Cargill’s chocolate and cocoa president welcomes sustainability progress
TAFISSOU IVORY COAST AFRICA
Harold Poelma, president of Cargill’s cocoa and chocolate business, has welcomed progress made in the company’s key 2021 Sustainability Progress Report, writes Neill Barston.
The business has placed a renewed emphasis on improving its environmental impact in recent years, including support for key agricultural communities within West Africa serving the confectionery supply chain.
According to its latest sustainability report, the company is now assisting over 244,000 farmers across Ghana, Ivory Coast, Cameroon and Brazil, up from 169,000 in 2020.
As previously reported, the company said it had used GPS to map the polygon farm boundaries of 64% of all farmers participating in the Cargill Cocoa Promise programme, designed to offer enhanced levels of support to communities.
These polygon mapping techniques are considered important because of its precise ability to map and monitor the individual sources of cocoa, which are frequently very small farms.
Reflecting on the its latest sustainability report, Poelma acknowledged that one of the key considerations for solving major issues of child labour and deforestation in supply chains was in major collaborative action to drive impact.
“As a company operating in today’s interconnected world, it’s our responsibility to create long-term value for all. Key events in 2021 underlined our commitment to sustainability – with COP26 centralising important agreements to address the climate crisis and the International Labor Organisation and Alliance 8.7 marking 2021 as the International Year for the Elimination of Child Labour, calling for a greater sense of urgency from governments and the industry to protect children.
More ambitious actions plans are needed to effectively tackle the world’s most pressing sustainability challenges, especially in light of the effects of the COVID-19 pandemic.
Cargill’s ability to respond to environmental and social challenges is shaping our company now, just as it has over the past 150 years. Taking action is integrated into the way we do business, enabling every employee to bring our purpose to life. This year’s Cocoa and Chocolate Sustainability Progress Report clearly shows how the integration of sustainability issues continues to evolve in the sector and within our business.
“Across the board, our supply chain initiatives are more comprehensive than ever, taking action on multiple sustainability topics. For example, we support the empowerment of women with technical training and access to finance and we provide farmers with agroforestry support; both initiatives contribute to more solid and diversified household incomes.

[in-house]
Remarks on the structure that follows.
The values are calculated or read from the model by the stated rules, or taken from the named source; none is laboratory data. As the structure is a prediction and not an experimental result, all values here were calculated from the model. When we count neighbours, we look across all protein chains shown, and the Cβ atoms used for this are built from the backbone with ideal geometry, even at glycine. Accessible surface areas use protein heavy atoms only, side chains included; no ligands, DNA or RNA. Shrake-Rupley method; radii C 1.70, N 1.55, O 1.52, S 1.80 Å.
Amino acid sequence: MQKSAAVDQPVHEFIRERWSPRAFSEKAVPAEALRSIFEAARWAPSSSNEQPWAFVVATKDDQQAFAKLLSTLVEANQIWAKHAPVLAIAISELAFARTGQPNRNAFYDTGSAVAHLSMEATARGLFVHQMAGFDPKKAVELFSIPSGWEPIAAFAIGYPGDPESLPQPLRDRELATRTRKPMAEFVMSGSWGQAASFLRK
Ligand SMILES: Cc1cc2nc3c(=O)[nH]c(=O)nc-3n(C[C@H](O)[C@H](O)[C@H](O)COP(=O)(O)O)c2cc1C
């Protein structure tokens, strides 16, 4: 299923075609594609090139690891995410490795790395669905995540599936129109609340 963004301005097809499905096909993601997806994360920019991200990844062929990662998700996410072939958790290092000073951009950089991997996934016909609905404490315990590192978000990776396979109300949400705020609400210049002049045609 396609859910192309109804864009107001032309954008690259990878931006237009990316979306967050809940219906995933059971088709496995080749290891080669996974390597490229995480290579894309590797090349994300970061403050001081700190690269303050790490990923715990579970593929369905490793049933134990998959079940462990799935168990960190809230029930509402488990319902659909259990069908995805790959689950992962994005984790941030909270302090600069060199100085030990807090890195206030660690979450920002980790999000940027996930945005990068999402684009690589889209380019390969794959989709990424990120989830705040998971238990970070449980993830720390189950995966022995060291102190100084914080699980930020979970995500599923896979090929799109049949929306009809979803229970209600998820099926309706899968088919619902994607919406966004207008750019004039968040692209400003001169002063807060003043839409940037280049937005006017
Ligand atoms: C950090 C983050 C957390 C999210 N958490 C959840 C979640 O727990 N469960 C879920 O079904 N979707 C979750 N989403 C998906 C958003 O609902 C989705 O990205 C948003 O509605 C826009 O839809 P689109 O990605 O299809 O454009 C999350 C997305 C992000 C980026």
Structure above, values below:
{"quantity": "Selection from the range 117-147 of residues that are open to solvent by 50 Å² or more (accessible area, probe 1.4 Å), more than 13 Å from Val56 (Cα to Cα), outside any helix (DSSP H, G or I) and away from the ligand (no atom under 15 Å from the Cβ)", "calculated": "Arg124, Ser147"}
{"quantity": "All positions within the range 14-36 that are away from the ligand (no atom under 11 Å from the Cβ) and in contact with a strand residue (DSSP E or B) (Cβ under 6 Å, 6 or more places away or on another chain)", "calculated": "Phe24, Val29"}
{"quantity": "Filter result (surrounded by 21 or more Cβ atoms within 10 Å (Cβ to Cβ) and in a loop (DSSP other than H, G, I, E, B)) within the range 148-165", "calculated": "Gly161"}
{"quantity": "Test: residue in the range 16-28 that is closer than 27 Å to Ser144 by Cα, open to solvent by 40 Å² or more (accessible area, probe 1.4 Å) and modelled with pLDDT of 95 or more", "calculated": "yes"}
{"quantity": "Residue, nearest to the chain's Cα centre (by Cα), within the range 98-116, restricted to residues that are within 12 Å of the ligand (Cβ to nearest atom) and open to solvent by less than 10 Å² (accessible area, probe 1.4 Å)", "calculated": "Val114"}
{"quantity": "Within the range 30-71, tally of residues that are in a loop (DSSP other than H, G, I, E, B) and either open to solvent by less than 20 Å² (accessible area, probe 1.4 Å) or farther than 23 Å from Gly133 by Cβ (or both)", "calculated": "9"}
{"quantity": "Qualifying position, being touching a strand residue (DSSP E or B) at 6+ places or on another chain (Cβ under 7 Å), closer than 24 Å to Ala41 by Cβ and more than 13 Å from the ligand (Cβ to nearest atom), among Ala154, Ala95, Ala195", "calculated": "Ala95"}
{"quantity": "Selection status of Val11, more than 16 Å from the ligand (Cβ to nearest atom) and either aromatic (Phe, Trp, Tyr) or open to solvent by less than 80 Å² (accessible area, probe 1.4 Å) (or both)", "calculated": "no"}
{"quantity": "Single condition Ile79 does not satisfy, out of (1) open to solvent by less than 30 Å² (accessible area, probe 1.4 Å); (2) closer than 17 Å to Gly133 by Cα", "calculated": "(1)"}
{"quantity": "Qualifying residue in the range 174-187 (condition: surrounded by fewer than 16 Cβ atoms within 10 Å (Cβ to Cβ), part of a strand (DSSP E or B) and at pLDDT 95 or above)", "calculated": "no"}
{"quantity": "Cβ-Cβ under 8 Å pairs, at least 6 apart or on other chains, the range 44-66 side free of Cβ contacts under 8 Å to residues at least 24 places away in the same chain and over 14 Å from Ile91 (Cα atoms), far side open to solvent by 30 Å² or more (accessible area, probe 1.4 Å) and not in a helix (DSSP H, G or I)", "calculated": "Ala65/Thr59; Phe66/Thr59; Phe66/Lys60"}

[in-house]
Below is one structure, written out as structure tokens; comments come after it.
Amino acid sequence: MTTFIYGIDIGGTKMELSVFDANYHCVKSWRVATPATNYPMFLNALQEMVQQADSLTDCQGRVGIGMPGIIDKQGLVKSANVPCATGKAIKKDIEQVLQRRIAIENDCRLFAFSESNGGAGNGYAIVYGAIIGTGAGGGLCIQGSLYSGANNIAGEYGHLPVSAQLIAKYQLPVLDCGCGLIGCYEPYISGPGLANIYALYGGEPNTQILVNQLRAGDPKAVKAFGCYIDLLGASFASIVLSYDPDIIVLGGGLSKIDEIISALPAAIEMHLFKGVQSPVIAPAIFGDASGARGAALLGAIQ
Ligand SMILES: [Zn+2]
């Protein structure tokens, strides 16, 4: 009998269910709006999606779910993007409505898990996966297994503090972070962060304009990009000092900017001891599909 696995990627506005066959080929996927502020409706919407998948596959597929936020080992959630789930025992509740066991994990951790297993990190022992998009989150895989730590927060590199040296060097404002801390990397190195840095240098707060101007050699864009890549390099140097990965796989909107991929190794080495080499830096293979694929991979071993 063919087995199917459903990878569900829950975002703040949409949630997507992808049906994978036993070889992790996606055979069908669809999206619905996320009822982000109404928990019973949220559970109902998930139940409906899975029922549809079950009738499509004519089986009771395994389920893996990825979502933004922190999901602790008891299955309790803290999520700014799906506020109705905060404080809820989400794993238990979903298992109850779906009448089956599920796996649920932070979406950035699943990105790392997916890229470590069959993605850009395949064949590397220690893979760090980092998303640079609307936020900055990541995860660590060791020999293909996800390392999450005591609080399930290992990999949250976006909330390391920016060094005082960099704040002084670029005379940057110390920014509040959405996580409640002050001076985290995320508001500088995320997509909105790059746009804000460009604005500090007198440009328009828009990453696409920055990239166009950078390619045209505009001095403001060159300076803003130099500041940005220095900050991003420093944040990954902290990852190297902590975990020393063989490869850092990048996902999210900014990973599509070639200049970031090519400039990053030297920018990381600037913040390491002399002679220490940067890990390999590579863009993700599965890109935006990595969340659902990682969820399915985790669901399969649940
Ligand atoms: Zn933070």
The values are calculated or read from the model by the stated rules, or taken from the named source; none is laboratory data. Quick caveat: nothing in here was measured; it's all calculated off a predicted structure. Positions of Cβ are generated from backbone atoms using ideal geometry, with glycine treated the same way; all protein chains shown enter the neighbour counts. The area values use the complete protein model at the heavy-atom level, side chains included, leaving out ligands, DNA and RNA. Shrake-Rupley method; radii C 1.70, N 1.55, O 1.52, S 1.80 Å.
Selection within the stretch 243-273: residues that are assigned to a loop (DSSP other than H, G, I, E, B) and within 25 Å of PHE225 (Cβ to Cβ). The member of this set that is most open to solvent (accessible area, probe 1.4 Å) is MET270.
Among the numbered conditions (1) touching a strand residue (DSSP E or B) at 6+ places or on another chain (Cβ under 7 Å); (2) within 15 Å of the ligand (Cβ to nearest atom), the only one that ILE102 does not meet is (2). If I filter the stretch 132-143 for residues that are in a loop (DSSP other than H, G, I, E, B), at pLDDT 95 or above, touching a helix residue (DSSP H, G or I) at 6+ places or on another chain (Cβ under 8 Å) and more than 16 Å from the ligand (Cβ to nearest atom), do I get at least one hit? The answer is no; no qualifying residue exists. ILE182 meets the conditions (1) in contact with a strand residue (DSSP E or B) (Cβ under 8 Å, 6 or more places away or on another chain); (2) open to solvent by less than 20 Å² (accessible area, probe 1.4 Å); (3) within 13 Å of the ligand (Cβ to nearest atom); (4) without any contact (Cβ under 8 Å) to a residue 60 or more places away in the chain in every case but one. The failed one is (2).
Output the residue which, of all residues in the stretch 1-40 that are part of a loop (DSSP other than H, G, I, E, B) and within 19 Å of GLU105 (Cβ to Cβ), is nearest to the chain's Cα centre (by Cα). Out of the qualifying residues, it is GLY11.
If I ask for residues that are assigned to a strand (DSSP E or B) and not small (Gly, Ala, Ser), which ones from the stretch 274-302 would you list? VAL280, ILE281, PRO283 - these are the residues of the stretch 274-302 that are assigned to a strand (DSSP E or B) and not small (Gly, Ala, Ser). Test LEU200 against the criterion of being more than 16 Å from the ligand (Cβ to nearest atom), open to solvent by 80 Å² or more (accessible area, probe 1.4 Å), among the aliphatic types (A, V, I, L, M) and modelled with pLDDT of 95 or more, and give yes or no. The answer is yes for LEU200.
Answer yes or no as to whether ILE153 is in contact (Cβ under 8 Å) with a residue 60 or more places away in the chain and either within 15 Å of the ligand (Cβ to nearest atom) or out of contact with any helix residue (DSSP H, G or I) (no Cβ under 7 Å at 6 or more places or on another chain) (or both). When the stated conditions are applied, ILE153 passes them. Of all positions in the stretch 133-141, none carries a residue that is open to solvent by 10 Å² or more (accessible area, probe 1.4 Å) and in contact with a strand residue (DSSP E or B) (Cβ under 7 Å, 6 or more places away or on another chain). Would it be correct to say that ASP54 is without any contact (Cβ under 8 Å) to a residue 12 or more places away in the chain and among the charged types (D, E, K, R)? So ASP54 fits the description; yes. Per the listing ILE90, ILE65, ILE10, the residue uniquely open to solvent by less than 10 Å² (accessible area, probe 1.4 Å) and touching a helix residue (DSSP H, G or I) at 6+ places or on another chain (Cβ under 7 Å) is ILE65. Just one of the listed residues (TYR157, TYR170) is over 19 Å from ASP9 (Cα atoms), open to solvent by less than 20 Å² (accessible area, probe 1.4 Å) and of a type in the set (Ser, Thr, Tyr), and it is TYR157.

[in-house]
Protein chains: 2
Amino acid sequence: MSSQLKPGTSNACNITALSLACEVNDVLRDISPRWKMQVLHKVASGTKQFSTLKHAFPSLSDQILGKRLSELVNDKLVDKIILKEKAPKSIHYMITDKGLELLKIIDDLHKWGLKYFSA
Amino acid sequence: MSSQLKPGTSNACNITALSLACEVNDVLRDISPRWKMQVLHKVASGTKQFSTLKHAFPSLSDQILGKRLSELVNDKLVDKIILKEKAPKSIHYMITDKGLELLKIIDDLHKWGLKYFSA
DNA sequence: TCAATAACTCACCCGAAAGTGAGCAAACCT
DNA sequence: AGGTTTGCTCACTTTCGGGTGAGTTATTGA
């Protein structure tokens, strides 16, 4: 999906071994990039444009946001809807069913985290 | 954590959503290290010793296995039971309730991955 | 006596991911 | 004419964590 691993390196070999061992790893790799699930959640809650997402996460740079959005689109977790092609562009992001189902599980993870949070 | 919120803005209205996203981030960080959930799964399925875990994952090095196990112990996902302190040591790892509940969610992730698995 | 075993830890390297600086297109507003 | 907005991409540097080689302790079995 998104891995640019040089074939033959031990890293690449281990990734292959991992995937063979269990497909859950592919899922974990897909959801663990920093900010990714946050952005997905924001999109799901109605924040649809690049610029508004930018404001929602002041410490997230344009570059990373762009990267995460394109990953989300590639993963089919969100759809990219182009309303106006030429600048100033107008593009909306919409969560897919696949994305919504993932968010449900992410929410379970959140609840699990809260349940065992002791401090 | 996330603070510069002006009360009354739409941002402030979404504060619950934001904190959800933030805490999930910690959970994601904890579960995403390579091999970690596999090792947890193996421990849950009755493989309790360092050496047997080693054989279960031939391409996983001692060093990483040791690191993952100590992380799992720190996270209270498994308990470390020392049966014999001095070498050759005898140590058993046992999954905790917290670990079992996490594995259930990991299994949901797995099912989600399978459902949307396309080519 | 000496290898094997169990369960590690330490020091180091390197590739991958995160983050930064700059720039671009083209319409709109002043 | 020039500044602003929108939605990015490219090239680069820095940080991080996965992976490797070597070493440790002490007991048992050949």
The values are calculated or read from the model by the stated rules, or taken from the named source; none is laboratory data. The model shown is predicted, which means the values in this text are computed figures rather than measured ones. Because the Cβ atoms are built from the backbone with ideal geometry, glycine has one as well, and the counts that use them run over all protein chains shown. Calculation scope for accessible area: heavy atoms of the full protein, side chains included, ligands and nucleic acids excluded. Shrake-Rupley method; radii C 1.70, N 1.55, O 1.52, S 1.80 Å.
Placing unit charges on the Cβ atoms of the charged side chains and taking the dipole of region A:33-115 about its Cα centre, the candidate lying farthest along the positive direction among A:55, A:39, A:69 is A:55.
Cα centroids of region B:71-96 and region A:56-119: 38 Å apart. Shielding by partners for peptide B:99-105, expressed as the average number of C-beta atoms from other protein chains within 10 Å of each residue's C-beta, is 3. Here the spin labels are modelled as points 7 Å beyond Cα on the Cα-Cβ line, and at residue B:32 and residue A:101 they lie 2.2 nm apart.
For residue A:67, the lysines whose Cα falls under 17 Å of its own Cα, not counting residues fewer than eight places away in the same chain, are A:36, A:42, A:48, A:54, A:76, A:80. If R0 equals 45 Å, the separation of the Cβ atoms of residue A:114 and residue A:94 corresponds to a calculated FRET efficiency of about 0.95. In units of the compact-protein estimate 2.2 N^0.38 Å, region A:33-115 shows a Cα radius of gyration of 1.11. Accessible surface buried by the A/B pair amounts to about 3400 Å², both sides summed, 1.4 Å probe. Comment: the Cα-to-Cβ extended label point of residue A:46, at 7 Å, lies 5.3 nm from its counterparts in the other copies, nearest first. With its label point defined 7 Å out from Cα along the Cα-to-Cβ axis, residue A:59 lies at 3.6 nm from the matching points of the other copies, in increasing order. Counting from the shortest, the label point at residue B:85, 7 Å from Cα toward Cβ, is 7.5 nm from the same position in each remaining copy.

“Supply chain due diligence offers an important tool for transparency, continuous improvement, and accountability in supply chains. Due diligence requirements, if designed appropriately, can reinforce the way companies develop solutions together with suppliers and other partners. Technology supports our efforts as it enables transparency and traceability of cocoa and chocolate for us, our customers, and their consumers. To date, the cocoa in our direct supply chain is traceable to the first point of purchase. This year, 117,111 farmers in our direct supply chain are delivering cocoa through first-mile digital traceability systems, up from 89,399 last year. Additionally, we continue to lead in sourcing certified sustainable cocoa, which represents almost half of all the cocoa we source.”
He added that its tools such as CocoaWise, provide visibility on provenance and impact and have been enriched with more features, such as cocoa and chocolate product carbon footprints.
As Poelma noted, progress in cocoa communities has proven to not be straightforward as issues remain highly interconnected.
He added: “Collaboration and joint evaluation of progress remain vitally important. This was my last year as chair of the European Cocoa Association, a role I was honoured to serve as, and which made me believe even more strongly in driving transformation together.
“The impact we make through dialogue, sharing learnings, and working together is far greater than the sum of its parts. It already shows in partnerships such as the Child Learning and Education Facility (CLEF) and the Early Learning and Nutrition Facility (ELAN), led by Jacobs Foundation, the Cocoa & Forest Initiative, and the Roadmap to Deforestation-free Cocoa in Cameroon that was launched in 2021. I stay optimistic thanks to efforts such as the EU cocoa talks, the sector welcoming the European policies, and producing country government initiatives like national traceability systems and landscape approaches.”
He concluded that the business remains committed to transparency within its own operations and across global supply chains. Consequently, it is set to produce further ESG reports in late 2022, noting that ‘steady progress’ was being made to support a thriving cocoa sector.